By Michelle Lampariello
The Library announced on Thursday, Sept. 7, that it will now offer two new online services to students and community members: TCNJ Scholars, a collection of scholarly materials produced by College students and faculty, and TCNJ Digital Archive, a growing collection of digitized materials from the library’s Archives and Special Collections.
TCNJ Scholars “provides a central site to collect, manage, and preserve” the works of College students and faculty “and facilitates access to them by a wide audience, including potential students and faculty, college partners and funding agencies, and other academic colleagues,” according to a campus-wide email from Taras Pavlovsky, the dean of the library.
The goal of digitizing the College’s scholarly work and archived publications is to preserve and raise awareness for works that may have otherwise been forgotten over time.
“With TCNJ Scholars, our hope is that TCNJ students and faculty are given a new online venue to store and highlight their academic output and to
maximize exposure of their content to a wider local, national, global audience,” said Yuji Tosaka, the College’s cataloging and metadata librarian. “TCNJ as a brand will be promoted more; both prospective students and faculty at other institutions will be awed by the scholarly work being done at the College.”
While the TCNJ Digital Archive is still growing, as only a small portion of archived material is currently available, it is nonetheless a helpful research tool.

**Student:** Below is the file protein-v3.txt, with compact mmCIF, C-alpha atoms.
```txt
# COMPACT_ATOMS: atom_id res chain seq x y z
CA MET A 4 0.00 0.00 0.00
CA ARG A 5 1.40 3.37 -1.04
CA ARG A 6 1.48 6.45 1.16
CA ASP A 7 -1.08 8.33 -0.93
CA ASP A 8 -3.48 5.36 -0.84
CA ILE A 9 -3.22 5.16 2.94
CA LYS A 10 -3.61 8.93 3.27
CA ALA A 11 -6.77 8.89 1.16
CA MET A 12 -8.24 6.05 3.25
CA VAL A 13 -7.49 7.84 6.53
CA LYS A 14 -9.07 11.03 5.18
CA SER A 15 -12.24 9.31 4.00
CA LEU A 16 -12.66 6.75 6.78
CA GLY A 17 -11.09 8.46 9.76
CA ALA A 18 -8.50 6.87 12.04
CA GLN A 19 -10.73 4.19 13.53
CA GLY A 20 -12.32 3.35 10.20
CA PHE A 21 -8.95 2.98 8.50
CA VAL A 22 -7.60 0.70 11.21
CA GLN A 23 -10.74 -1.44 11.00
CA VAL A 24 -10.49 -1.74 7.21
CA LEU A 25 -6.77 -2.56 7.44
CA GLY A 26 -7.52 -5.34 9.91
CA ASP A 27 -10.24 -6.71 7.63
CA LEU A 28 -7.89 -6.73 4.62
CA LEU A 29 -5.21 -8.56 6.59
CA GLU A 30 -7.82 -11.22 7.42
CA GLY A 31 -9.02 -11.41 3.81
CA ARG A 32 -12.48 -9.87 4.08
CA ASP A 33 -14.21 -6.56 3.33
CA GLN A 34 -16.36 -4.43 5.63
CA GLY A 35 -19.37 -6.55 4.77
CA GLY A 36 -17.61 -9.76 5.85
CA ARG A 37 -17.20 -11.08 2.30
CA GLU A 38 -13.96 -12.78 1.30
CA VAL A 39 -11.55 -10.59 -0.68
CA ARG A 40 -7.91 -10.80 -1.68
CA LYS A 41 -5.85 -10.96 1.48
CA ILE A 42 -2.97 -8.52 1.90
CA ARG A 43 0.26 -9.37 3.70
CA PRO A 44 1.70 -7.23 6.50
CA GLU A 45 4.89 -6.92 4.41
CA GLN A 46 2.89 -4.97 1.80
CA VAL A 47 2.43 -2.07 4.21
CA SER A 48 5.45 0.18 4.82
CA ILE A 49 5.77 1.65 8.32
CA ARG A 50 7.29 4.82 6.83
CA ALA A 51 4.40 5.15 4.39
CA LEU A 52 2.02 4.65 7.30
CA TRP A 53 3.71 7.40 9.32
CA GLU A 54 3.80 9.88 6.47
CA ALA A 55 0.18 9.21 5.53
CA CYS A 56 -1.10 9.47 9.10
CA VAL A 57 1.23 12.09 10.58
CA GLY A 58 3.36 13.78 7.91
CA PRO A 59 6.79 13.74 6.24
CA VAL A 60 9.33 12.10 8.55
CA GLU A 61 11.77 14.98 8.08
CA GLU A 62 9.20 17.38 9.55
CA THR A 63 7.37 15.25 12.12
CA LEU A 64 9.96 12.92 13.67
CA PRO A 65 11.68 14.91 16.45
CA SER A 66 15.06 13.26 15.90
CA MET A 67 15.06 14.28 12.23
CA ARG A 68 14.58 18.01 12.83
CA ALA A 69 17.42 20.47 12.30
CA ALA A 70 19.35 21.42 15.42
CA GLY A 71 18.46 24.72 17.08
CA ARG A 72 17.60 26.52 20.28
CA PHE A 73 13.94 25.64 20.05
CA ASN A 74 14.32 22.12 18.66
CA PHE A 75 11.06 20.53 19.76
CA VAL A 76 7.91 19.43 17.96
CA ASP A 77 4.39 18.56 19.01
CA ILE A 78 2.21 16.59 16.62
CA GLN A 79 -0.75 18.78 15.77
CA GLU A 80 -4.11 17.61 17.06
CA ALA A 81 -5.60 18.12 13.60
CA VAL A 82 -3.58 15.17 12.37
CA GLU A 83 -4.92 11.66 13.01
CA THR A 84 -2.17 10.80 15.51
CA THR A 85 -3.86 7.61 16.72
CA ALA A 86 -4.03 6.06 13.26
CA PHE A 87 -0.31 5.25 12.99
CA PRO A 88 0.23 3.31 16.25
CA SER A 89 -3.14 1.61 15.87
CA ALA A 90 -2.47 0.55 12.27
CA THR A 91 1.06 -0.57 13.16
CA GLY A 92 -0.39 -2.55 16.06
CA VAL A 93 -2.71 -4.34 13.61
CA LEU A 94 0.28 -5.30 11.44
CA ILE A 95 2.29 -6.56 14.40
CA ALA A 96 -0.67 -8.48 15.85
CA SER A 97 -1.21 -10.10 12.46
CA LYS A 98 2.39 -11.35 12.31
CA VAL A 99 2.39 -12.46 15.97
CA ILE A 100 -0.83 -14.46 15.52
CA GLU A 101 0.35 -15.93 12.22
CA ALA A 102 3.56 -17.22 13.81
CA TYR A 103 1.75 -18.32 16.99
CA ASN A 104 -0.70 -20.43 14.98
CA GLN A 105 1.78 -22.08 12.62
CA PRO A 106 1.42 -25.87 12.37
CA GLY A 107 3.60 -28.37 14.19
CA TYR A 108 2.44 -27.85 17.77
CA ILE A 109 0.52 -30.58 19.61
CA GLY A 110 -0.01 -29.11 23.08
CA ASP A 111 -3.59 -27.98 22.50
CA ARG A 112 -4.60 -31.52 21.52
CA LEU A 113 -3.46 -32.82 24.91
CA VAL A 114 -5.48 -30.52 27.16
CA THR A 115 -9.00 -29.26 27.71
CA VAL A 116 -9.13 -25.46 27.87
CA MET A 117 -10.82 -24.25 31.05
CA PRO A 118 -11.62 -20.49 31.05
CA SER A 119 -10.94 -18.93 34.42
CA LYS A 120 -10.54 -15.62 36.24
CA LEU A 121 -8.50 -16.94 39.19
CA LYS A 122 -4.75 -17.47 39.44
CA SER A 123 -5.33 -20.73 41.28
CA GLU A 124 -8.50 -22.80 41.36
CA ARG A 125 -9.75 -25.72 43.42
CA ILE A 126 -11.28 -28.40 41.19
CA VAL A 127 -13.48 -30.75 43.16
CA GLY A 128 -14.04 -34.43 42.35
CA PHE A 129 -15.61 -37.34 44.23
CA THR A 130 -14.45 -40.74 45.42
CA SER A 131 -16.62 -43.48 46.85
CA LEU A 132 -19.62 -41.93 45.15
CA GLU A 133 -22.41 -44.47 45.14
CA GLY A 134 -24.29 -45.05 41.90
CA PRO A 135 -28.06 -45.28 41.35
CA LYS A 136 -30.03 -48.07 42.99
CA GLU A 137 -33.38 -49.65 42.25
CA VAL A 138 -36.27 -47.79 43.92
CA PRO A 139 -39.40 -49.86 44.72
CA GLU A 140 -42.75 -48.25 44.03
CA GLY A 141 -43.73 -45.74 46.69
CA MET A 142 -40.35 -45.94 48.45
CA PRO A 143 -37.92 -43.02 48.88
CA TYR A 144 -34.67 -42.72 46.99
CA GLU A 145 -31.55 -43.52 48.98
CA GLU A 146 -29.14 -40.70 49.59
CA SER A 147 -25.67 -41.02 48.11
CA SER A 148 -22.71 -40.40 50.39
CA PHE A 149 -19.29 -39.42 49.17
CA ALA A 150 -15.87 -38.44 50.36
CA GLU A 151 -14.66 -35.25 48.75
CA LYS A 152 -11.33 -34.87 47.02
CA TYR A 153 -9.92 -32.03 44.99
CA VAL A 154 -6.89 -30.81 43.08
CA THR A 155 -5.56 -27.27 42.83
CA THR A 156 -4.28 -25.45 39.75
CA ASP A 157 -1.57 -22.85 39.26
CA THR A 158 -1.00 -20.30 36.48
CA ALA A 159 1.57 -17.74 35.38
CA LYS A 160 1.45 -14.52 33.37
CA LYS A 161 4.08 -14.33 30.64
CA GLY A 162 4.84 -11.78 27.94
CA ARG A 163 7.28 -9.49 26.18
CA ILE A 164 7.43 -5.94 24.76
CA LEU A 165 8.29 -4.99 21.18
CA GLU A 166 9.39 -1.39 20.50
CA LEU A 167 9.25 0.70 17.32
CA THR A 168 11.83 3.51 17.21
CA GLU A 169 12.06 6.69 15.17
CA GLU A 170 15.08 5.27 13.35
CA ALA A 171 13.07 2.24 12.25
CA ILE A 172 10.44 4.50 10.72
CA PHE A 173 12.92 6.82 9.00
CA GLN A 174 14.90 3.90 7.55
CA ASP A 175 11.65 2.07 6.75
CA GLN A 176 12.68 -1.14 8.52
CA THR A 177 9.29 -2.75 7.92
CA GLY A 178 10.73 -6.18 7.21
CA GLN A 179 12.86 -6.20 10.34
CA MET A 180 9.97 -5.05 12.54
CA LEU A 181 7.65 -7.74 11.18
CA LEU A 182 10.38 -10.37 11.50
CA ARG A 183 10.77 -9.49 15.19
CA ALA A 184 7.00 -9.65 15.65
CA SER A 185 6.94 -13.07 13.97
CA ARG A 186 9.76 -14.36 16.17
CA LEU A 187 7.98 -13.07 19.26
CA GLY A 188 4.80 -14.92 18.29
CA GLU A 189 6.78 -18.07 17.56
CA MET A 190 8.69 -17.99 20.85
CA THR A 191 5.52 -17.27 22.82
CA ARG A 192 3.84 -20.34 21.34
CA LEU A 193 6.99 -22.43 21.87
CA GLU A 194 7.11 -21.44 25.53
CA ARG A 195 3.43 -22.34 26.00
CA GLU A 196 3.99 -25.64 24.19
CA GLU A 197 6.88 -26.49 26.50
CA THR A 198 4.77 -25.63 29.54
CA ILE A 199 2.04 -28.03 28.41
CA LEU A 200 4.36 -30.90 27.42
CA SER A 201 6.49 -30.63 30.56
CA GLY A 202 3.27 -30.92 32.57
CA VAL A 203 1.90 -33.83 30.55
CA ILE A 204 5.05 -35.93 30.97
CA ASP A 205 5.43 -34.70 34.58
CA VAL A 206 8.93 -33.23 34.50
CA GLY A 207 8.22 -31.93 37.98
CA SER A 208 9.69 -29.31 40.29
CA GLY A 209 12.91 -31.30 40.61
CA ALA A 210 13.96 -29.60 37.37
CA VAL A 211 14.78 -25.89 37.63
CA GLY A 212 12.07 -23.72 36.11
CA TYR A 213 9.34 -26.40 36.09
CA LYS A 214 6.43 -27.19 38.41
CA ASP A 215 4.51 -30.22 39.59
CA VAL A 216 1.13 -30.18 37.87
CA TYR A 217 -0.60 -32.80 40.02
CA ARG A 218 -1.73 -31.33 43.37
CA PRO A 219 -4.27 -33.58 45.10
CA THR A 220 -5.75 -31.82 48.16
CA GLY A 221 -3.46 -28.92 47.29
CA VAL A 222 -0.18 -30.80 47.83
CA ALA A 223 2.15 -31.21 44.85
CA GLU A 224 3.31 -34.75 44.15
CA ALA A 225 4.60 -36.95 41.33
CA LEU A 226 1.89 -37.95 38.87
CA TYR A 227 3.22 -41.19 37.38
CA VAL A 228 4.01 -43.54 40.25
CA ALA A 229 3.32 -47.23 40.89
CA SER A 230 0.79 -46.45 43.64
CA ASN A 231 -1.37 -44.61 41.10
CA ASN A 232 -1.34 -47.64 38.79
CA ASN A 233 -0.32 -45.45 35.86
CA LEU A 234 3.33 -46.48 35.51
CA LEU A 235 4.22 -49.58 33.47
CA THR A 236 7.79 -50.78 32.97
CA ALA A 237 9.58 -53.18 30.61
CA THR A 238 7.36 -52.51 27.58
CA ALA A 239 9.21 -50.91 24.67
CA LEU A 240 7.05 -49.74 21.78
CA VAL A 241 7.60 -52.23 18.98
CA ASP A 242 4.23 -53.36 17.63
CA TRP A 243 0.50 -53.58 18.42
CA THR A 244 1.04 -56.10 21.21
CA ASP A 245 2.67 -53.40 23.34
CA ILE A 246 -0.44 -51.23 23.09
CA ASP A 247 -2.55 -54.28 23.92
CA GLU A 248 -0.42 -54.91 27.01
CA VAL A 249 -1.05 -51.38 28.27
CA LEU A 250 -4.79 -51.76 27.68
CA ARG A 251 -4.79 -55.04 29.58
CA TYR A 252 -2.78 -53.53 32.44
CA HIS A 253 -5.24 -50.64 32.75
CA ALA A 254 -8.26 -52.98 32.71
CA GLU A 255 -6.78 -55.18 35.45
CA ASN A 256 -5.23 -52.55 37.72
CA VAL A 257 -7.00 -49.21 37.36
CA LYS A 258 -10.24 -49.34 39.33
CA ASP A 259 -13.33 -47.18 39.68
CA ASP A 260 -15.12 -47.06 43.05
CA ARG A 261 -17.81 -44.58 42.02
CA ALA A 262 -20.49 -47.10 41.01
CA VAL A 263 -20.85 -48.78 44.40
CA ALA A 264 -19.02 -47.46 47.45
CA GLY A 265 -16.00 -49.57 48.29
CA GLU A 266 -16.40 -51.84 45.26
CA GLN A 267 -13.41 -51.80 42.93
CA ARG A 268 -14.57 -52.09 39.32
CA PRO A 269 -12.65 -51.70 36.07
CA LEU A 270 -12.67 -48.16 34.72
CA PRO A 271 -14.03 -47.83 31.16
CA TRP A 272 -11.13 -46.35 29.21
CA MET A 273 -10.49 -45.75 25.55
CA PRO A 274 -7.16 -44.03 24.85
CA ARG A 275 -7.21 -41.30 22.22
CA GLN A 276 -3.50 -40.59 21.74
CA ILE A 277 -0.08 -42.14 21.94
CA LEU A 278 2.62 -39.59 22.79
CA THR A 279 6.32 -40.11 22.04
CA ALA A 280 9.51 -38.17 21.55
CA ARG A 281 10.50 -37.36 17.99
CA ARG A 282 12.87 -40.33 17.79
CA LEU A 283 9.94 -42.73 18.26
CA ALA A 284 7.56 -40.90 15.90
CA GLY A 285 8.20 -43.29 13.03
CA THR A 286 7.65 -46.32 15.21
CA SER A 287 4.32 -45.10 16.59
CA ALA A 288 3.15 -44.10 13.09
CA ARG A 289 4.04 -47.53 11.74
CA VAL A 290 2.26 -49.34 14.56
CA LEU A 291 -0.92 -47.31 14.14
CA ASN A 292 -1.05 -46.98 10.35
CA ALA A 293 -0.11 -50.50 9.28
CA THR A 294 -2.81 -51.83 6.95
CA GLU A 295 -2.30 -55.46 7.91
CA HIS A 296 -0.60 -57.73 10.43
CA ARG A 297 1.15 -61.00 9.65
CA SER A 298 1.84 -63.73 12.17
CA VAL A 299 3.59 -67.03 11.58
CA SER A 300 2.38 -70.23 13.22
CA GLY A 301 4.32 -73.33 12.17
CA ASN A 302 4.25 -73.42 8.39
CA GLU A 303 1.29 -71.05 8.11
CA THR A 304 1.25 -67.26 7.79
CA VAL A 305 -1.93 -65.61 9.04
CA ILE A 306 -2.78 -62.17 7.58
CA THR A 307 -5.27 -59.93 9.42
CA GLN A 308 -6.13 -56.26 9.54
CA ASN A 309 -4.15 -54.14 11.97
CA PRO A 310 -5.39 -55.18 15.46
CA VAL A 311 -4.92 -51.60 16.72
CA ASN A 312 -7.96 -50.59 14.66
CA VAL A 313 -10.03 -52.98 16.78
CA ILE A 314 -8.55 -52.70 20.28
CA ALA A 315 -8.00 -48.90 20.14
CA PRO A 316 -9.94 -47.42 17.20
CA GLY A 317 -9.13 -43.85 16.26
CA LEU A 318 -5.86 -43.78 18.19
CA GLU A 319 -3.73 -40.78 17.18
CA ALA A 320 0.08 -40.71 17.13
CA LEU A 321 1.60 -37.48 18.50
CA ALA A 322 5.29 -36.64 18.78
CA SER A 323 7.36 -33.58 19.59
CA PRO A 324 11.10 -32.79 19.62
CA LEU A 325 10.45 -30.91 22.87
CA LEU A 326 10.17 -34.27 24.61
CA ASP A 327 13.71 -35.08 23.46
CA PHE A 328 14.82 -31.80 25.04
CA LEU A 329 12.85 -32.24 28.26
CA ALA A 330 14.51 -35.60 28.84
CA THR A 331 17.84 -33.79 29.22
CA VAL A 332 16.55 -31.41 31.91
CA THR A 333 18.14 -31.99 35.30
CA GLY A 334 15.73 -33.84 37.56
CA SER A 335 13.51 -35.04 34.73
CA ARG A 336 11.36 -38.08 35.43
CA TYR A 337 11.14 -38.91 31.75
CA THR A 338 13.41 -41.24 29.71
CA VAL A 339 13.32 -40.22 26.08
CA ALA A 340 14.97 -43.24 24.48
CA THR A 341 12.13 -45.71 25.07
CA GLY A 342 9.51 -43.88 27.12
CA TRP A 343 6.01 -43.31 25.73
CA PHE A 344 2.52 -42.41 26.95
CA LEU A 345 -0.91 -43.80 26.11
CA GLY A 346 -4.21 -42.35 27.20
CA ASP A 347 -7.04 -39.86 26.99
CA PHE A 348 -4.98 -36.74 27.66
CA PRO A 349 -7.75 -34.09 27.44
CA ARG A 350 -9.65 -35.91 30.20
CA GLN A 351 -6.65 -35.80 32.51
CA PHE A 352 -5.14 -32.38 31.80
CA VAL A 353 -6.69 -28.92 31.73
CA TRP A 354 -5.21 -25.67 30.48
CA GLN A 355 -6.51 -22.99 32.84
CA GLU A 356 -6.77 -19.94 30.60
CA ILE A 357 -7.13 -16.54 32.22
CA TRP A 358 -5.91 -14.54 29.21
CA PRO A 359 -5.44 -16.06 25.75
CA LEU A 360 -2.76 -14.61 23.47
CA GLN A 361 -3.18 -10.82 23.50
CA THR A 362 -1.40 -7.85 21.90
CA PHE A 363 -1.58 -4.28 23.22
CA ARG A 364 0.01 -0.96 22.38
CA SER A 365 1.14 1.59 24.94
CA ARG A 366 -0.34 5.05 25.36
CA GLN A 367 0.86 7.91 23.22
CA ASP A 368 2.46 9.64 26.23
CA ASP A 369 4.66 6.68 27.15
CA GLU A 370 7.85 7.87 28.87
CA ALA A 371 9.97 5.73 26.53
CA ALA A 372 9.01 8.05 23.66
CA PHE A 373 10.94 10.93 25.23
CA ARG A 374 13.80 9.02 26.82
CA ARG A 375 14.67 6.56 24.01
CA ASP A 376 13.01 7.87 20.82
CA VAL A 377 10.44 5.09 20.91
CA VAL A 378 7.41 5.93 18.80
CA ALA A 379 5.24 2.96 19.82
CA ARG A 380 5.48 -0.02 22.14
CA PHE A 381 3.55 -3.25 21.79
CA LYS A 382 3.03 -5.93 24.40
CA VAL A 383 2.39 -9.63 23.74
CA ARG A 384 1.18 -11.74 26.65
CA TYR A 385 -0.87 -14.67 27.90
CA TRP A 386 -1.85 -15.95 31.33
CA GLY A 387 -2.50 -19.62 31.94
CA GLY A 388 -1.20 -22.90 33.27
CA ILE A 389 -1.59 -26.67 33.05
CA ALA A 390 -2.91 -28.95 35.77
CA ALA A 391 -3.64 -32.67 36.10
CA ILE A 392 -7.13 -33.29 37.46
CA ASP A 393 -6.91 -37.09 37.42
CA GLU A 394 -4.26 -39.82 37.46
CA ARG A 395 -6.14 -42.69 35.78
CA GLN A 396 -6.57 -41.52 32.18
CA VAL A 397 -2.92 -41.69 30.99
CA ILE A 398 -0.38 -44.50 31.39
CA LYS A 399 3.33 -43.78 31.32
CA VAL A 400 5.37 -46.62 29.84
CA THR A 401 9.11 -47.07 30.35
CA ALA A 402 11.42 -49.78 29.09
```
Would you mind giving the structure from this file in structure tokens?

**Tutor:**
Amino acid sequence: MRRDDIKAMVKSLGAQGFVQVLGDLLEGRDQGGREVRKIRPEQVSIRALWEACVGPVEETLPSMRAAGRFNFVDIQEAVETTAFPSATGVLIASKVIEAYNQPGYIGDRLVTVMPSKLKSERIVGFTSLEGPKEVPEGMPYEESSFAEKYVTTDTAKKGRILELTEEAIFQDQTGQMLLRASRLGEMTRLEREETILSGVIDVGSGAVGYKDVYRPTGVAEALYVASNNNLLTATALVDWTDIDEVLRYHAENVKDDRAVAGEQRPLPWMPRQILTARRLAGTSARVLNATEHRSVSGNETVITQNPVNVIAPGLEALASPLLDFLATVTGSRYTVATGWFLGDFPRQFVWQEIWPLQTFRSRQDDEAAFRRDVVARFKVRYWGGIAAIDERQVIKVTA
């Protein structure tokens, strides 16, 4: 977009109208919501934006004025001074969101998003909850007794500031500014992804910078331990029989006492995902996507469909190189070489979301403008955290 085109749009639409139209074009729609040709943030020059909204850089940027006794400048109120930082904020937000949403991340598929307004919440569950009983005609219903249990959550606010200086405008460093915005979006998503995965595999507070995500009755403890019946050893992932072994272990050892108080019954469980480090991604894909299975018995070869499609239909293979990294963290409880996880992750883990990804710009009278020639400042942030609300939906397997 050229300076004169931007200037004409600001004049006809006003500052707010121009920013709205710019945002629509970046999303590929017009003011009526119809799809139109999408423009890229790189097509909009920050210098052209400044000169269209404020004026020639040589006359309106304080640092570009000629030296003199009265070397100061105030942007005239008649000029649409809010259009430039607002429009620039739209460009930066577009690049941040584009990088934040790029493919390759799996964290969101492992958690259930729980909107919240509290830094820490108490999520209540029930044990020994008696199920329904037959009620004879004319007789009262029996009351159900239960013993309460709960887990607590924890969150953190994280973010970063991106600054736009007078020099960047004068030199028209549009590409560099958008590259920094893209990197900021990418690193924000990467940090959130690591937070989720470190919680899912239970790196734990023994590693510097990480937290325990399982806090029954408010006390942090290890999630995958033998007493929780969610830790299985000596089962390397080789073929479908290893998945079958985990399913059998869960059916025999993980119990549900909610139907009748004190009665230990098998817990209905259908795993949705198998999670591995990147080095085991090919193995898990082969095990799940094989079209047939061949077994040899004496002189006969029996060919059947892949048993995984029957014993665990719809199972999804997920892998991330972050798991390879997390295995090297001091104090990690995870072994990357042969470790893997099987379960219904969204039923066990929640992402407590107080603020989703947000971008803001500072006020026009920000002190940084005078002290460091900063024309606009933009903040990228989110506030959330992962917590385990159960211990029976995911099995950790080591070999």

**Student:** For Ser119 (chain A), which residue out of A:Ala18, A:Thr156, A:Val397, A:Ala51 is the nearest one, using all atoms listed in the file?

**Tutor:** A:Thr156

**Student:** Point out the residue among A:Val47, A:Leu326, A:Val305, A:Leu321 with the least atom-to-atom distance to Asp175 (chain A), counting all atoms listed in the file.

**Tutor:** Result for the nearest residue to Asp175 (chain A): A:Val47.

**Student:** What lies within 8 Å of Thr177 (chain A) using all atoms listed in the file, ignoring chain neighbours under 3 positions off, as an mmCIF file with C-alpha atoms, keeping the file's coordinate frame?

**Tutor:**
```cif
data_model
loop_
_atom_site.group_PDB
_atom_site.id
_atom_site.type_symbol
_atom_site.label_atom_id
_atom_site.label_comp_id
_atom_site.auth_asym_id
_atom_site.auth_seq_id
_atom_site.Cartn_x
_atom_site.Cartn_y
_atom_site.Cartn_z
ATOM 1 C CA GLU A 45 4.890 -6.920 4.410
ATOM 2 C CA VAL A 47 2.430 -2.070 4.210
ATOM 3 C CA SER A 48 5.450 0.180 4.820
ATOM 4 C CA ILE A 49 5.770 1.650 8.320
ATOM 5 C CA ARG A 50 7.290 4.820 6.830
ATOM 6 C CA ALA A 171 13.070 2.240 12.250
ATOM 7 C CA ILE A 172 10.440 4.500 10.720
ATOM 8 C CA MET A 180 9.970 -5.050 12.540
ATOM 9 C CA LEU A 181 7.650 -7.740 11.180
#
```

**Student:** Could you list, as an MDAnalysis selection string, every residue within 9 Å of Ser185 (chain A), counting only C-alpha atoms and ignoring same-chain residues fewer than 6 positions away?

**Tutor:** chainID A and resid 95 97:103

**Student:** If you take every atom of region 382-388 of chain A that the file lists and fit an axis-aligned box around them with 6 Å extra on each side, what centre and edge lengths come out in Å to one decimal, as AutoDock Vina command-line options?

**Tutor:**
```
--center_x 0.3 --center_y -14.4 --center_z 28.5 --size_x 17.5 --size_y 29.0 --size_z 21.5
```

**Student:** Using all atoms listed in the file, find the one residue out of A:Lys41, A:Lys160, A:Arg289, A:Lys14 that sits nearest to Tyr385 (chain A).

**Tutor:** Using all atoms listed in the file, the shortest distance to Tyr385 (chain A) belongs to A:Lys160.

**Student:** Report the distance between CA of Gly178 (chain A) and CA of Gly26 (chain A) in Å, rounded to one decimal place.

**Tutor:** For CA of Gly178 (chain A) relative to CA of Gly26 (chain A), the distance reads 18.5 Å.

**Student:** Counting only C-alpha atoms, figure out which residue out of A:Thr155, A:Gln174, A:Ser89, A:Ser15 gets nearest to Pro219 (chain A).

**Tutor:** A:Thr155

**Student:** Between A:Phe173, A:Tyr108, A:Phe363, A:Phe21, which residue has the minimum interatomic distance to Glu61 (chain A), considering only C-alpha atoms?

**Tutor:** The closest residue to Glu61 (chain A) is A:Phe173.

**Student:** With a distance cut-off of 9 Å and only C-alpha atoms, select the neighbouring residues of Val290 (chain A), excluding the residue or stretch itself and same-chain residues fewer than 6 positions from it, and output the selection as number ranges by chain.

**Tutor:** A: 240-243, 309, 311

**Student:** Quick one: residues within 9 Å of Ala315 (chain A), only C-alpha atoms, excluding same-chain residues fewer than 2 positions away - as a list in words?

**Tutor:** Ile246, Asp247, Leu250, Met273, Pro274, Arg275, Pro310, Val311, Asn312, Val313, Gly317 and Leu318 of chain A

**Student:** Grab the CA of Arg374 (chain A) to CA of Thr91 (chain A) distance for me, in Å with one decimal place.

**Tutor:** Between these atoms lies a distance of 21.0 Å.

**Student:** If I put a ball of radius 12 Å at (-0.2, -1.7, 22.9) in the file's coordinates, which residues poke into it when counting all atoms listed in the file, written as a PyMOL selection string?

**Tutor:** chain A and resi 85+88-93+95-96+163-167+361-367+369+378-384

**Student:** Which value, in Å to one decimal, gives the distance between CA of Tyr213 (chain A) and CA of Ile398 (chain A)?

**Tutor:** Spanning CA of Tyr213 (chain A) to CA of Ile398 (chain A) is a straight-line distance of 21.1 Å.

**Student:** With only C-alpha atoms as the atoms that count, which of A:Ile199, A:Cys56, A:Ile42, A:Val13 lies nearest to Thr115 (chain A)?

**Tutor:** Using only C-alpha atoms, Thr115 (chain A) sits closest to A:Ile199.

“Only a small subset of these materials is currently available online, but more is being added daily,” Pavlovsky wrote.
Presently, the largest collection available through the Digital Archive is The Signal Archive Online, which will include issues of The Signal that date back to its original publication in 1885.
“In the future, the Digital Archive will provide access to a variety archival material including, but not limited to, historical photographs, college annual reports, course catalogs and a variety of other materials. Priority for future projects will be determined by user need and current ease of access to the material. As the archive grows, a greater number of users will be able to access archival material while limiting the wear and tear on delicate aging material,” explained Amanda Cowell, the College’s emerging technologies librarian.
The College is not the first institution to create digital repositories for scholarly work.
“It should be noted that by setting up TCNJ Scholars, TCNJ is joining most of its comparator institutions, which also have already created similar digital repositories for academic works produced by their faculty and students,” Tosaka said.